British pole vault champion Holly Bradshaw outlines how the Athletes’ Commission at UKA is looking to help field events get a bigger share of the spotlight

During my time in the sport, I have seen and become aware of more and more issues needing to be tackled, so I was really passionate about getting involved with the Athletes’ Commission at UK Athletics.

Getting involved helps to promote change and one of the biggest things we are looking to address is that, in general athletics terms, it feels like field events get a bit of a raw deal.

Now I don’t want to sound bitter and I’m not bashing the track athletes at all, it’s just that the way athletics is shown and the issues with TV coverage creates a massive void, which is a big concern.

The field events don’t really get shown on the TV and as a result people don’t really understand our events.

That lack of exposure reduces sponsorship opportunities for the athletes, while it also leads to reduced participation as kids will see the sprinters and track athletes on TV for long stretches whereas they might catch me jumping for a 10-second period. How is that going to attract them to field events?

With that in mind, within the Commission we’ve set up a group which is trying push forward and raise the awareness of the field disciplines. I have done presentations to those in charge at UKA where I have shown the German street meets and what the Manchester CityGames used to be like – just showing how the field events can be presented – and they have listened so I am hopeful that, over the next five or 10 years, field events will come into the limelight and get a little more love.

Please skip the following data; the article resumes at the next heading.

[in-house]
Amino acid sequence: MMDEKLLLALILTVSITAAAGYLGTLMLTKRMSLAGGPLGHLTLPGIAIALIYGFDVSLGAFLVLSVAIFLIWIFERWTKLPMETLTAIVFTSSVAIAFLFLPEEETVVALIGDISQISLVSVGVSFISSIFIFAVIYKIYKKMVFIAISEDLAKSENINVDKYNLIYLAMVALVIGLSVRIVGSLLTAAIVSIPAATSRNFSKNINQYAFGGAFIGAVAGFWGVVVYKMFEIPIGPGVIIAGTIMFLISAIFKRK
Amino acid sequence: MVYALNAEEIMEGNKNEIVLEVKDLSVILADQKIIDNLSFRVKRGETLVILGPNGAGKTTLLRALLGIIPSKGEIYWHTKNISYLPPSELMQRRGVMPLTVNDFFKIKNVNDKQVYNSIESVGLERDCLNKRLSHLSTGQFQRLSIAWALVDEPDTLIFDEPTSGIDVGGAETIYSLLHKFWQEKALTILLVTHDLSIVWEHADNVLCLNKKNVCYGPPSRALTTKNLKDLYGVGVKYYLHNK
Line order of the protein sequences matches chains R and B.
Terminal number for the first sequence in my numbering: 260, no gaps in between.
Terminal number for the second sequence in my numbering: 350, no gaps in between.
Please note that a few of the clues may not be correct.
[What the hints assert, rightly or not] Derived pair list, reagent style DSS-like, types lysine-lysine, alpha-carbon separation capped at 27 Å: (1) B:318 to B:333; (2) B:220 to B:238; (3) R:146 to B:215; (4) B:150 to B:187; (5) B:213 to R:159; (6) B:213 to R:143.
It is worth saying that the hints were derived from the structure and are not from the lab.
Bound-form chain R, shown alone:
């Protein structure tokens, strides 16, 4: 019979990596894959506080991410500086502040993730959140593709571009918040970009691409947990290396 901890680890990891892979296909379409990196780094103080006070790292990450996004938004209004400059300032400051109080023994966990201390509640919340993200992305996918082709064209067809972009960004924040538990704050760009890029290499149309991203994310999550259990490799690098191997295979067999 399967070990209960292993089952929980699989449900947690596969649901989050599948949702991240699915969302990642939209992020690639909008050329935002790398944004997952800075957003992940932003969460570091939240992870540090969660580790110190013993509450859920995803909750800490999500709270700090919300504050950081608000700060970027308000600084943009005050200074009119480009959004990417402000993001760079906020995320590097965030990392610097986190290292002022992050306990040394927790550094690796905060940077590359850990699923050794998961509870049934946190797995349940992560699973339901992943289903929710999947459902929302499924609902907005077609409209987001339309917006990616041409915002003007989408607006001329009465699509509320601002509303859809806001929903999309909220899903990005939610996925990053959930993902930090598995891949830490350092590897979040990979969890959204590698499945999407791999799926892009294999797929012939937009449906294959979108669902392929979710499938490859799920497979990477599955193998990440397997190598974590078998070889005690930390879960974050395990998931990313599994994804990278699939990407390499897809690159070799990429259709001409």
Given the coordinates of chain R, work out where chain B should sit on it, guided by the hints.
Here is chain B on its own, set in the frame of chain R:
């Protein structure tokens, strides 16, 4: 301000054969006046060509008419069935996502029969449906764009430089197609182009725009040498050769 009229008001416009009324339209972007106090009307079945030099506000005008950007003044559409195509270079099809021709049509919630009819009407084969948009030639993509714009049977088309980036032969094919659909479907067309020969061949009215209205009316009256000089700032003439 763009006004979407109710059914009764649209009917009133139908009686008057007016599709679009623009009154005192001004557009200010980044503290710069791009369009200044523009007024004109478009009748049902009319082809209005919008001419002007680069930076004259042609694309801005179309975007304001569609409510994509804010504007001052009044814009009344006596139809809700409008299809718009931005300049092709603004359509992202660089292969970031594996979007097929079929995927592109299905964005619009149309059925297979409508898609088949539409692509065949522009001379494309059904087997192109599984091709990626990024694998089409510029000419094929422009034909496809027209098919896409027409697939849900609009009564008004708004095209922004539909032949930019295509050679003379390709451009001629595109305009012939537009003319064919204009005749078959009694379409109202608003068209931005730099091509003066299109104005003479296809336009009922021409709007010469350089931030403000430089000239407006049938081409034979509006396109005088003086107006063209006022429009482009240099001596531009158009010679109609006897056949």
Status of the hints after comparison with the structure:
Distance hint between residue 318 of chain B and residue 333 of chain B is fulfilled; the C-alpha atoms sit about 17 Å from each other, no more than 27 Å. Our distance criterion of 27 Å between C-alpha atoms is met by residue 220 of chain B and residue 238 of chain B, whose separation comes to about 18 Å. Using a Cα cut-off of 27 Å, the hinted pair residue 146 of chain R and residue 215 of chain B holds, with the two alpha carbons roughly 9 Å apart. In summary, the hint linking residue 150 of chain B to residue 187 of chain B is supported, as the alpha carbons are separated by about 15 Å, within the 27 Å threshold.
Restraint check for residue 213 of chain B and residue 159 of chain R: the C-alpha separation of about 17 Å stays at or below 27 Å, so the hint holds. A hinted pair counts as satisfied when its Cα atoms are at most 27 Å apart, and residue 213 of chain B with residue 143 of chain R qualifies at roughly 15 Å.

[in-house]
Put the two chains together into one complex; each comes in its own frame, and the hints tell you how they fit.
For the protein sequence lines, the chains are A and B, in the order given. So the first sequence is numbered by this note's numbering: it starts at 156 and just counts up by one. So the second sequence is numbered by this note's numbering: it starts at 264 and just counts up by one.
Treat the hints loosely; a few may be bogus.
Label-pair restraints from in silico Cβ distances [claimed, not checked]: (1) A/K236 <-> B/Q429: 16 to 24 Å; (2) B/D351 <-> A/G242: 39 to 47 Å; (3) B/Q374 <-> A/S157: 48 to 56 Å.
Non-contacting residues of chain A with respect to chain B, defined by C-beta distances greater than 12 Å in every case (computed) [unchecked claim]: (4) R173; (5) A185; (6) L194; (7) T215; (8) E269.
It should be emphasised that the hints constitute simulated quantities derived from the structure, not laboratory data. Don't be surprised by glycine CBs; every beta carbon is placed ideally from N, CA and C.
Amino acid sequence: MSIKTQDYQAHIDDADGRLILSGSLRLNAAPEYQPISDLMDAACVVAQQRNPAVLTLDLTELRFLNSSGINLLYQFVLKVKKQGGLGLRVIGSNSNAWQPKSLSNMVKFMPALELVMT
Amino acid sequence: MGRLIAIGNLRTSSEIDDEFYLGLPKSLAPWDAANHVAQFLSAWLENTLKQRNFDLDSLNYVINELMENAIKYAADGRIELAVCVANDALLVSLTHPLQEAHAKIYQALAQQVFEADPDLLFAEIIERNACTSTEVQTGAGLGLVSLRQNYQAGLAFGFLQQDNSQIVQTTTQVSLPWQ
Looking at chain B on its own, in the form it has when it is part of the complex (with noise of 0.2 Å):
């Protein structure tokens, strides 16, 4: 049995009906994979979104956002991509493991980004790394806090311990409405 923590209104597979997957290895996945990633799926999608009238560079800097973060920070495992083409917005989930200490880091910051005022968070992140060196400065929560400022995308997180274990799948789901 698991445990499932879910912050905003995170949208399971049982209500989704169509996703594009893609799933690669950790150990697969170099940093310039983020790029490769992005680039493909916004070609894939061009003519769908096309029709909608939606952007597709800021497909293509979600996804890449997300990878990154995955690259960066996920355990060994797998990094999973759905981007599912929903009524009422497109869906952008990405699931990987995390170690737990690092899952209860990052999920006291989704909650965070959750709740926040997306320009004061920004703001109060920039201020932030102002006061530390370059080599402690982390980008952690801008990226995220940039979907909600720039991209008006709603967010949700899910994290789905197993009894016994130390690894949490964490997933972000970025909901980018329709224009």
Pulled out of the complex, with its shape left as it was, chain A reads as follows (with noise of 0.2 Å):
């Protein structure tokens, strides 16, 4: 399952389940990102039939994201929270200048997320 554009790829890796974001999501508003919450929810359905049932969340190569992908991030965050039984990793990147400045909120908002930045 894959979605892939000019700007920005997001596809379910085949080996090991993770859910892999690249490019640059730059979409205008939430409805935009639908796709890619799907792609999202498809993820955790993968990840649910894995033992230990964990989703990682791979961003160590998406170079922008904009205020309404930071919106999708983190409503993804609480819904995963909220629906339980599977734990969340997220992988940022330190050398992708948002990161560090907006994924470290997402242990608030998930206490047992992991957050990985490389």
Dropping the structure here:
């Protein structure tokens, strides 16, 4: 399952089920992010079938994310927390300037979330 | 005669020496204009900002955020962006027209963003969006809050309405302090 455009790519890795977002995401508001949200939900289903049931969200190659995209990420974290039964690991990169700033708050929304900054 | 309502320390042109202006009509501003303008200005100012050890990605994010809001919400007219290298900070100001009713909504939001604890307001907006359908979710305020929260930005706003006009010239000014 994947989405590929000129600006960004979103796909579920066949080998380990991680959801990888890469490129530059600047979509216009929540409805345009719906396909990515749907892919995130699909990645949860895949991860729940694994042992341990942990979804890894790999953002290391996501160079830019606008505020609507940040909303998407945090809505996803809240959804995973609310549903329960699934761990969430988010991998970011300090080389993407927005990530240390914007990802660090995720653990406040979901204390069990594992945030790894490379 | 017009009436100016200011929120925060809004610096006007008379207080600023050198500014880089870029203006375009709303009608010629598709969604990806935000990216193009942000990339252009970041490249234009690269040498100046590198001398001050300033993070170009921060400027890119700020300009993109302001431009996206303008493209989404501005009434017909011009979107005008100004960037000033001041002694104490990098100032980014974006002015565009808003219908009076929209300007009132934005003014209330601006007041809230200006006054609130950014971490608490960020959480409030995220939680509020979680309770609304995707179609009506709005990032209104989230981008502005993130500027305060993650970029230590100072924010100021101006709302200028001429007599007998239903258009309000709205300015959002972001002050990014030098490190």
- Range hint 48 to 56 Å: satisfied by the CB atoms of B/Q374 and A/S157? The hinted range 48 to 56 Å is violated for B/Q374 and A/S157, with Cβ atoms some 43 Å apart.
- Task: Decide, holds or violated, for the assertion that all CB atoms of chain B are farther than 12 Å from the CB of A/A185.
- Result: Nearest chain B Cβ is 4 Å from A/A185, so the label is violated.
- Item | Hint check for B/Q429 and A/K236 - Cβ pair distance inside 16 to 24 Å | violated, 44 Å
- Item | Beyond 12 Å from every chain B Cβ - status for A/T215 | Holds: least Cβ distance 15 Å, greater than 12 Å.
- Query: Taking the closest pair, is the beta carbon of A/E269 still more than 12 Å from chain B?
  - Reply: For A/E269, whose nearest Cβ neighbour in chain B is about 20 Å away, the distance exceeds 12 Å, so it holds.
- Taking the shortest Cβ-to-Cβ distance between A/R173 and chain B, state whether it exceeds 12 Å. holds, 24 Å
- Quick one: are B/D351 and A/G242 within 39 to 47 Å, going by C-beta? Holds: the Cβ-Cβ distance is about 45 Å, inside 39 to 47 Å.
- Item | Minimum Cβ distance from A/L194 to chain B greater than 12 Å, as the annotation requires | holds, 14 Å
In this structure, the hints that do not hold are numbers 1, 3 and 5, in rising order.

How do we try to change minds? It has got to come from three different angles.

Firstly, you have got to tell the story in terms of the TV coverage a little more. The pole vault competition in the Lausanne Diamond League last year – a dedicated, standalone event where Mondo Duplantis and Sam Kendricks both jumped six metres – was a perfect example of what can be done. I had people messaging me afterwards to say how exciting it was.

I think TV companies need to find a way to show the full shot put competition, the full long jump competition or whatever it might be to really tell the story.

Secondly, some investment into coaching for field events is needed in the UK. When you compare the number of field event coaches employed compared to track it is very different and I believe field events actually need more coaches than track, just because each event is so technical, so different and so specific.

With the exception of Tore Gustafsson, who is not based in the UK, we don’t have a single throws coach employed in this country so how are we going to get more kids and more people involved in field events when we don’t have the coaches?

Having someone to promote each field event would make a big difference.

Then the other barrier we face is that European and World Athletics are capping the number of people that compete at major championships.

Say, for the 60m at the world indoors, there are heats, semi-finals and finals – just think how many athletes that allows to go to a major championships? In the field events, however, there are straight finals so you’ve got 12 athletes in the women’s pole vault final, as opposed to 30 or 40 on the track.

Things like that might not sound like a lot but to the field community it is.